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‘M1/7 Black’ BMW R100RT – Analog Motorcycles


Posted on February 15, 2017 by Andrew in Brat, Classic, Tracker. 15 comments

It will come as no surprise to Pipeburn readers, the general public or even your garden-variety buddhist hermit that there’s a real flood of ‘70s-era BMW customs at the moment. Hell, there might even be more of them than Kardashians; but I digress. It’s clearly a trend that has jumped the shark; more often than not we’re politely declining them en masse. And with so many floating around, it’s easy to get jaded. Or so we thought until we saw this, the latest BMW build from northern Chicago’s Analog Motorcycles. It’s a stark testament to the fact that no matter how loud the background noise is, quality work and classic looks never grow old.

“I founded Analog Motorcycles in ‘08 out of passion, principal and necessity,” says Tony Proust, Analog’s owner. “My approach to design is simple. ‘Lighten it up, clean it up, and fire it up.’ But to realise this, it takes real time and dedication on every build, making the planning and design phase one of the most important steps in the process.” It takes a deft hand with customers, too. As anyone who’s tried will know, it’s almost impossible to make something great when the key protagonists are on different pages.

Speaking of customers, this one contacted Analog a year or so ago, wanting a custom build. Initially he was after something similar to the shop’s XS650 Agnessa, built in 2015 and featured on these very pages. “We sorted out some details and scheduled the build in. In the meantime, he decided he would rather have a tracker-ish BMW airhead, which we thought was a better choice. Then, just before the build was about to start, he purchased a new BMW M3 in a Black Sapphire metallic which he was really in love with.” Some guys have all the luck, don’t they? And no, you don’t win a prize for guessing what happened next.

“Apart from the end product looking similar to his new car, his only other request was that it be a classy build and that it should allow for two-up riding.” Of course, a lesser shop may have taken this whole BMW M3 brief a little too seriously and ended up with a tacky monstrosity… but not Tony. Sign of a true automotive designer? We think so.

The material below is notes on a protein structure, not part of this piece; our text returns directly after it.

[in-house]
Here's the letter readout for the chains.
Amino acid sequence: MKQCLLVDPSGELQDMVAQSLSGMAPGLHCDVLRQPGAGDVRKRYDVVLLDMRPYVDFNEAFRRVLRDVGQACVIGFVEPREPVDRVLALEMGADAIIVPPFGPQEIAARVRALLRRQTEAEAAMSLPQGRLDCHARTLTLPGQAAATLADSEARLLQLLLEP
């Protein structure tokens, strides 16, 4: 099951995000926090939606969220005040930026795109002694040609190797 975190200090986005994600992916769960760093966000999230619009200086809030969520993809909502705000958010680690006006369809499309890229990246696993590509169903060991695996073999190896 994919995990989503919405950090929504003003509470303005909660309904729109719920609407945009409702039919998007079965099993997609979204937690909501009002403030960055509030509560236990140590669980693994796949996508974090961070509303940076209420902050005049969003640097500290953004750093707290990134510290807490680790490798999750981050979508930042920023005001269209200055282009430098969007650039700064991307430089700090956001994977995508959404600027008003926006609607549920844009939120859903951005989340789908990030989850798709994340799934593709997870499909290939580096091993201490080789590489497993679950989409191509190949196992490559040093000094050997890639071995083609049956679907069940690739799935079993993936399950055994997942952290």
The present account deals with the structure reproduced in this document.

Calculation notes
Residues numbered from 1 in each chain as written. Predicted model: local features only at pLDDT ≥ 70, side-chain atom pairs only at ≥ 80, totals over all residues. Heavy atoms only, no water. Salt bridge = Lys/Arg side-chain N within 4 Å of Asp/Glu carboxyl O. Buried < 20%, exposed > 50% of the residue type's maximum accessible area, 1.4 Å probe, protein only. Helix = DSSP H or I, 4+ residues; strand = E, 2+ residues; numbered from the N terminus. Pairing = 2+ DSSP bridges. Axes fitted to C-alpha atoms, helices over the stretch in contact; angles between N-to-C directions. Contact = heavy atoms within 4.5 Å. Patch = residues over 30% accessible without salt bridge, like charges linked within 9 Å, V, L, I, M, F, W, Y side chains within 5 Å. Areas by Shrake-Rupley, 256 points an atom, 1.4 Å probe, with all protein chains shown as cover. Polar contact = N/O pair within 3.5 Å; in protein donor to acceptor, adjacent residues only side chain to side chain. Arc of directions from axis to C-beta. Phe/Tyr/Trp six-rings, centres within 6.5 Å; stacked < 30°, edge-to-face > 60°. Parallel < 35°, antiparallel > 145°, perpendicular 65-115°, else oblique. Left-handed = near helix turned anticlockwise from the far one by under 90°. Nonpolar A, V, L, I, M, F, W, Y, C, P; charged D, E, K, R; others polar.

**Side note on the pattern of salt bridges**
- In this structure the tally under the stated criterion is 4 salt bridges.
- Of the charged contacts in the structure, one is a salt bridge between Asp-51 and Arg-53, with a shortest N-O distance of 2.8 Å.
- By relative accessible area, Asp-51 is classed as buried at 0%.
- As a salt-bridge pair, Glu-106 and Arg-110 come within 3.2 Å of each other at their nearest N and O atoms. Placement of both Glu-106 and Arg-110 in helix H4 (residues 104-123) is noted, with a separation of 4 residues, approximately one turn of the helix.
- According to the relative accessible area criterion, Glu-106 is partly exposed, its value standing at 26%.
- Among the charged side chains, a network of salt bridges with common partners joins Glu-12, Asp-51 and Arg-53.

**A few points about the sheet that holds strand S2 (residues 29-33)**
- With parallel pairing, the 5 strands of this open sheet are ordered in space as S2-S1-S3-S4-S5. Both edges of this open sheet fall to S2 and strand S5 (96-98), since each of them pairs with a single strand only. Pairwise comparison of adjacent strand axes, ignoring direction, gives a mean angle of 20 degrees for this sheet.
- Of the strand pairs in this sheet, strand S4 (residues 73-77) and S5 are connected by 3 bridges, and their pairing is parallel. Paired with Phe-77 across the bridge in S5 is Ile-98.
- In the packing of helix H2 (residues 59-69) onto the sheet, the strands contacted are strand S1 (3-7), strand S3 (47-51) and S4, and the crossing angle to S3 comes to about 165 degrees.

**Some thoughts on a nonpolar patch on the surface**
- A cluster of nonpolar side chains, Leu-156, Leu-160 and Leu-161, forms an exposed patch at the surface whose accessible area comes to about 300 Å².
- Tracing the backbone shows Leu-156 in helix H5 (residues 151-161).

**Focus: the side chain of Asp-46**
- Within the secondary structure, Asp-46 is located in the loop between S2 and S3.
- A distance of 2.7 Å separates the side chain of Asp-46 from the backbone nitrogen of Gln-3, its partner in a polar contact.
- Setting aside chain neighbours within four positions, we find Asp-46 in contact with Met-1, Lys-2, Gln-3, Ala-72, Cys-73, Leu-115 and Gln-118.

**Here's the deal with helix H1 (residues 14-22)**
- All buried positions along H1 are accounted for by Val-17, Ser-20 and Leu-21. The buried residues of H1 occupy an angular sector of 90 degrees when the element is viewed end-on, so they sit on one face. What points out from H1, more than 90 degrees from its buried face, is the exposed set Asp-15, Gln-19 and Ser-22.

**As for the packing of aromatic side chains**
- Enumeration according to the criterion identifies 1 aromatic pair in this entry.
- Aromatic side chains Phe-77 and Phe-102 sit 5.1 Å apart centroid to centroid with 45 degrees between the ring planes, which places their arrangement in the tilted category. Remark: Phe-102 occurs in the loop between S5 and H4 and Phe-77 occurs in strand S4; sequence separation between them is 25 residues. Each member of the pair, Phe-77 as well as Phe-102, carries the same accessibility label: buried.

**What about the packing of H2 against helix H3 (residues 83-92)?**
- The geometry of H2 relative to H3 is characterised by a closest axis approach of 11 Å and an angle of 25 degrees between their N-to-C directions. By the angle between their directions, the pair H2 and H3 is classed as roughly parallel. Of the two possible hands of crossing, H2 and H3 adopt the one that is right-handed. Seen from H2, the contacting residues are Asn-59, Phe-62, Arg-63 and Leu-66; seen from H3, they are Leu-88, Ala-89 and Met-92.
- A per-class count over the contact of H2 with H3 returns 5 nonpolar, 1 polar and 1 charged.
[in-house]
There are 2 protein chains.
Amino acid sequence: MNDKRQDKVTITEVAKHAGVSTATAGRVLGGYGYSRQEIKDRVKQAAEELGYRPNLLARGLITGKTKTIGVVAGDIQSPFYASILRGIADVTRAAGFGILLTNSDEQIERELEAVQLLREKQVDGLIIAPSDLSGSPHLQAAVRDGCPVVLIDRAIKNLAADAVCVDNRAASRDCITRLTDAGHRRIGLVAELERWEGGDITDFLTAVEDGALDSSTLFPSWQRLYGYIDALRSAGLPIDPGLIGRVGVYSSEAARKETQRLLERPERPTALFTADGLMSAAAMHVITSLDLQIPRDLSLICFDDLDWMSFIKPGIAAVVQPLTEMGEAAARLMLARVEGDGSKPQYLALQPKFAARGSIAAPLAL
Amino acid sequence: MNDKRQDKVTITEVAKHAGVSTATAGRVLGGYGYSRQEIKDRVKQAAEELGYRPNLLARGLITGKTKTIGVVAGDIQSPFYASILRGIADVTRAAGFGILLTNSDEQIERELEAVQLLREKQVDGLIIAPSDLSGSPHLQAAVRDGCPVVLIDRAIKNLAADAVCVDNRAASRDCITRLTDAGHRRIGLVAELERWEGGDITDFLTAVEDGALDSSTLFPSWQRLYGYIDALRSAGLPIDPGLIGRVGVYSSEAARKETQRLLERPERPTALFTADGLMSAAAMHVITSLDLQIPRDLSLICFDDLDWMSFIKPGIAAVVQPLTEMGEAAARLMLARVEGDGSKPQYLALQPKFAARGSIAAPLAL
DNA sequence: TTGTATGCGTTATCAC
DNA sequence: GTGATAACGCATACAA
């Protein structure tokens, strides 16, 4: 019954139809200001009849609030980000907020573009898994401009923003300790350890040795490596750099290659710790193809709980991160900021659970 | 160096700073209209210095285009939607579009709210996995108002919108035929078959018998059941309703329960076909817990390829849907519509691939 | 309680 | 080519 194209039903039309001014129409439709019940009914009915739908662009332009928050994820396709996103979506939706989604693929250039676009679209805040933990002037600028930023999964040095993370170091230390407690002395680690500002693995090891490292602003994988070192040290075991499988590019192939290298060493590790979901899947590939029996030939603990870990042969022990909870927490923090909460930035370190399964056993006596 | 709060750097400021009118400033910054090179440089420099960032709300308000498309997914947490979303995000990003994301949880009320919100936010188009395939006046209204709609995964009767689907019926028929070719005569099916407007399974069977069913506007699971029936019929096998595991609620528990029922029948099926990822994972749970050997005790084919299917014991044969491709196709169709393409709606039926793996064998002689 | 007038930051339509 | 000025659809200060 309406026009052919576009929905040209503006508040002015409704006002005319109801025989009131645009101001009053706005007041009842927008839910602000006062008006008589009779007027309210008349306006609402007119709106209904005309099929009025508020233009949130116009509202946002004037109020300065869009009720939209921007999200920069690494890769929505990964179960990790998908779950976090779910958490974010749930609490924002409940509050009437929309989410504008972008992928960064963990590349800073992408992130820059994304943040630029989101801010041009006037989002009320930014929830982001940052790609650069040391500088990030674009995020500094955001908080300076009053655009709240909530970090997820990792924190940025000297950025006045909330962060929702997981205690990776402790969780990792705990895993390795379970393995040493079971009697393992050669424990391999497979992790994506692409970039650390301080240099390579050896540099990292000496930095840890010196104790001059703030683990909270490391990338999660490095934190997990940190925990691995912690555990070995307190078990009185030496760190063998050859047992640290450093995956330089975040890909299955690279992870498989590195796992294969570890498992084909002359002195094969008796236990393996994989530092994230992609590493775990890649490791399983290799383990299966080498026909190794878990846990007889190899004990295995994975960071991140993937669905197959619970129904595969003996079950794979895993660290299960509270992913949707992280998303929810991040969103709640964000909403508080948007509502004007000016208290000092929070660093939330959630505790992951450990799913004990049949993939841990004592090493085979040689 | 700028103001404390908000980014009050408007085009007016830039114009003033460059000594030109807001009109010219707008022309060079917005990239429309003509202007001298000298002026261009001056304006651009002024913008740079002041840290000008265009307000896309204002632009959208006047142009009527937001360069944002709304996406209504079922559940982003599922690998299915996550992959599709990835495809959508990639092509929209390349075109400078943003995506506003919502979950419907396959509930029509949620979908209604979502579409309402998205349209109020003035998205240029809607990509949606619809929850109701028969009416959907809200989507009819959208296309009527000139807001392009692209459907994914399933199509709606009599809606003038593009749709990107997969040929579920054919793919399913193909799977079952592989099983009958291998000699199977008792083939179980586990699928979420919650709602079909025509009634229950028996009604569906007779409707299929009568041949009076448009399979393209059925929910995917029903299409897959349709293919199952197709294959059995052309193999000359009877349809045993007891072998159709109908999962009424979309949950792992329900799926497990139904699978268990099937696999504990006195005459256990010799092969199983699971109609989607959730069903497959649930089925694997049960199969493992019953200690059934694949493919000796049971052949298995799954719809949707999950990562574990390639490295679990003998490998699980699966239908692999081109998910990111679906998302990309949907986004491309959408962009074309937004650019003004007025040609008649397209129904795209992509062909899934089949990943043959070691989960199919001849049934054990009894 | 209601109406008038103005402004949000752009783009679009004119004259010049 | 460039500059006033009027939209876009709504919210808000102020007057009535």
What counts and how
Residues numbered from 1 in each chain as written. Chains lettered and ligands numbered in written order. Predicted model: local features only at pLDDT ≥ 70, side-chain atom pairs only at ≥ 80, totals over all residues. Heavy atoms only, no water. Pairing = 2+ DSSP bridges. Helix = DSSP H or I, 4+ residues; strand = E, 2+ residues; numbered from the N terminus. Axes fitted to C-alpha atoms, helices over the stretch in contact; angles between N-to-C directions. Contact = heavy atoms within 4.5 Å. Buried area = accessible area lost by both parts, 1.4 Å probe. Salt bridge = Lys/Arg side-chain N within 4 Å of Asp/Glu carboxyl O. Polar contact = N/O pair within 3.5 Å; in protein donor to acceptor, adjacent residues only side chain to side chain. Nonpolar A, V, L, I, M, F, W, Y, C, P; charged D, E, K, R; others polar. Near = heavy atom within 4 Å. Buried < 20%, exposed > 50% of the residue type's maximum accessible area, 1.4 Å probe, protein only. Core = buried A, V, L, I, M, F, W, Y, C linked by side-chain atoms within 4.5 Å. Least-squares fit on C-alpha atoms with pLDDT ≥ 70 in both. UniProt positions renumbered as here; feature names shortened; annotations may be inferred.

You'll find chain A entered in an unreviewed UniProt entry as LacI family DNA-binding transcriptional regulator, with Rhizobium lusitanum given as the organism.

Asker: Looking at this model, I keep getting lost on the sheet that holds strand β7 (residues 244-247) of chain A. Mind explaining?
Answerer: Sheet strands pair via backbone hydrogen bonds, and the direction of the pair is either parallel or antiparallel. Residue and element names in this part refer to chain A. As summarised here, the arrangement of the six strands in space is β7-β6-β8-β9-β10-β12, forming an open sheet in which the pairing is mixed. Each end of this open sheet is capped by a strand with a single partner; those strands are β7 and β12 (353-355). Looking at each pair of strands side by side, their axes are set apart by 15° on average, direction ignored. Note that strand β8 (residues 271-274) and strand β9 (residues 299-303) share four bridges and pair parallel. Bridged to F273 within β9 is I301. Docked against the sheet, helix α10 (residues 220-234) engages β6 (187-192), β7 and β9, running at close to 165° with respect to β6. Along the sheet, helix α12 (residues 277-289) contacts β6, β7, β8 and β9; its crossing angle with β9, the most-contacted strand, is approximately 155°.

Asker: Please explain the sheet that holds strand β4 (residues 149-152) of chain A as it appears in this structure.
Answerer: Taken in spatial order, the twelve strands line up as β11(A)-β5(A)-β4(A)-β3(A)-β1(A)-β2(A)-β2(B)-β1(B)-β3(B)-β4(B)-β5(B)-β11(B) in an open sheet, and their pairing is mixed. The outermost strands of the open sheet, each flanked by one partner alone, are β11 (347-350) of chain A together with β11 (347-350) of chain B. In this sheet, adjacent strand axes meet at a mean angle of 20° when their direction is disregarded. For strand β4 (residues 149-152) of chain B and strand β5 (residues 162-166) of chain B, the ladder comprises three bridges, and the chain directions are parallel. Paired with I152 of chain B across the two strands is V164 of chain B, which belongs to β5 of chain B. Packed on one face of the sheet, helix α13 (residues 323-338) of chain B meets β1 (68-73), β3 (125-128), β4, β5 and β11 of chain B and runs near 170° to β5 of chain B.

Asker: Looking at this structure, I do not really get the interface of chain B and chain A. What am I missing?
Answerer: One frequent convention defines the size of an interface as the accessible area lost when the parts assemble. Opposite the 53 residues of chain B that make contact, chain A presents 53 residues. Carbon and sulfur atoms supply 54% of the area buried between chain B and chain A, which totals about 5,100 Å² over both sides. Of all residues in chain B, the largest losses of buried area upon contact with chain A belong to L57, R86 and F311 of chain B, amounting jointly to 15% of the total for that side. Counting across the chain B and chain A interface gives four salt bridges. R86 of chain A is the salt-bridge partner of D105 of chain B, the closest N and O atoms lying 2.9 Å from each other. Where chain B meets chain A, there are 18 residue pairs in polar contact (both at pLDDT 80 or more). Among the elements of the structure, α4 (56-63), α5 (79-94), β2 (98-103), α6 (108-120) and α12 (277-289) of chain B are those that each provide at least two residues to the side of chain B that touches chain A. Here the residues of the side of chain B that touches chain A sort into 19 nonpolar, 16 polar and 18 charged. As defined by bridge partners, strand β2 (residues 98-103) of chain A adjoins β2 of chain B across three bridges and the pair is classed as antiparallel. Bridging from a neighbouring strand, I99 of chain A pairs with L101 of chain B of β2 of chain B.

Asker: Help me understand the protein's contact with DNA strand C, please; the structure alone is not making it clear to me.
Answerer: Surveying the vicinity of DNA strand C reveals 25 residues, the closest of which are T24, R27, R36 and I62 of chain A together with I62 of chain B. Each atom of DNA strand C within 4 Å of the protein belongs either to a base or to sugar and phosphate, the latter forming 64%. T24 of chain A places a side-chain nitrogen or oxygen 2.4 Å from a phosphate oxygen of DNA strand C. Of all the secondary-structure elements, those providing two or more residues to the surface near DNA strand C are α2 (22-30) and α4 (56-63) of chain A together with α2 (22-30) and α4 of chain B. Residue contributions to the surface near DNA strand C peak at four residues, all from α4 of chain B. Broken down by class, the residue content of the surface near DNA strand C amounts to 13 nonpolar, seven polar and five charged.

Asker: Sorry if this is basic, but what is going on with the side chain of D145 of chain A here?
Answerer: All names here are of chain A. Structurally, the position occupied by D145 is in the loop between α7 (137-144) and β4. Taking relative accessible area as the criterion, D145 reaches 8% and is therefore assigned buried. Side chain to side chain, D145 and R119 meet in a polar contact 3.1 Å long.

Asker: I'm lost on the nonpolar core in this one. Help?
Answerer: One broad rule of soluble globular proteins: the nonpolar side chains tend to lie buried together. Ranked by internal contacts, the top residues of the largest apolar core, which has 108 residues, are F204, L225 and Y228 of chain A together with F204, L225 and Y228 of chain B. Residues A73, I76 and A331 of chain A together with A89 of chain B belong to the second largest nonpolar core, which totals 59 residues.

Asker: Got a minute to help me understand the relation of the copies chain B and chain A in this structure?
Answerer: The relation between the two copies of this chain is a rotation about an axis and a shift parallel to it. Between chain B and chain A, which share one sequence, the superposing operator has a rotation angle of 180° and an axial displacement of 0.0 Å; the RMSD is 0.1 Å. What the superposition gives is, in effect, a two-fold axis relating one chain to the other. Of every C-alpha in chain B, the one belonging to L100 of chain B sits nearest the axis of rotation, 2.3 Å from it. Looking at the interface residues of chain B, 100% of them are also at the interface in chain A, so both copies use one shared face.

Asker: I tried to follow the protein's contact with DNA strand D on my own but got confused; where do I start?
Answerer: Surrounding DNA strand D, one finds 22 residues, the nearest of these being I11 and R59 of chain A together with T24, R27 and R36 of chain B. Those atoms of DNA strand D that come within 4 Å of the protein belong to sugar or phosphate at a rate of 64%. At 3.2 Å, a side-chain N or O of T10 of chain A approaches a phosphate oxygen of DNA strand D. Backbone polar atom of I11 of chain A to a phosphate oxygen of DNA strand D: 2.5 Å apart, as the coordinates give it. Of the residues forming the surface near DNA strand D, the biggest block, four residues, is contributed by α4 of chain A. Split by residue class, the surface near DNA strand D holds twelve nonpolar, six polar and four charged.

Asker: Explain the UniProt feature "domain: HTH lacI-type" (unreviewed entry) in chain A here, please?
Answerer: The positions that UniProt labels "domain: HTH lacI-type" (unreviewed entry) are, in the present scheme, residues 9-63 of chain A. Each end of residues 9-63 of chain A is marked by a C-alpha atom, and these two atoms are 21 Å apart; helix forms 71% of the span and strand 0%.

The bike was sourced using the good old ‘six degrees’ network. “A friend of a friend’s dad was selling his ‘82 BMW R100RT, and it just so happened to be exactly what the customer wanted.” Serendipity, much? Those motorcycling gods do work in pleasantly mysterious ways, don’t they?

The list of goodies poured into the bike is as extensive as it is expensive. It’s also flush with bespoke parts made in house and sold under the ‘Analog Moto Goods’ or AMG moniker. Firstly the rear sub-frame was swapped out and the power plant’s top end was refreshed. Then vintage Koni shocks were then added at the back, along with new valves and a full front fork service for the stock shocks.

A Denali M7 LED headlight was mounted in front of the new Renthal bars, Magura master cylinder, Motone switches and the Koso EX-02s speedo. A host of Motogadget goodies followed, along with a custom-made battery box. The finishing touches included a pair of Avon Road Riders, fresh upholstery to match the M3’s interior, and a full AMG exhaust kit.

As you’d expect, the bike’s ‘M3’ look was Tony’s main ‘laying awake at night’ challenge. “We tried very hard to work the design of the BMW car into the build. If you look at the BMW M3 Competition Package, it really does work quite well side-by-side. So the most difficult part of the build was not a technical one, but rather making the bike seem like it complimented the car and yet also allowing it to stand on its own design merits.”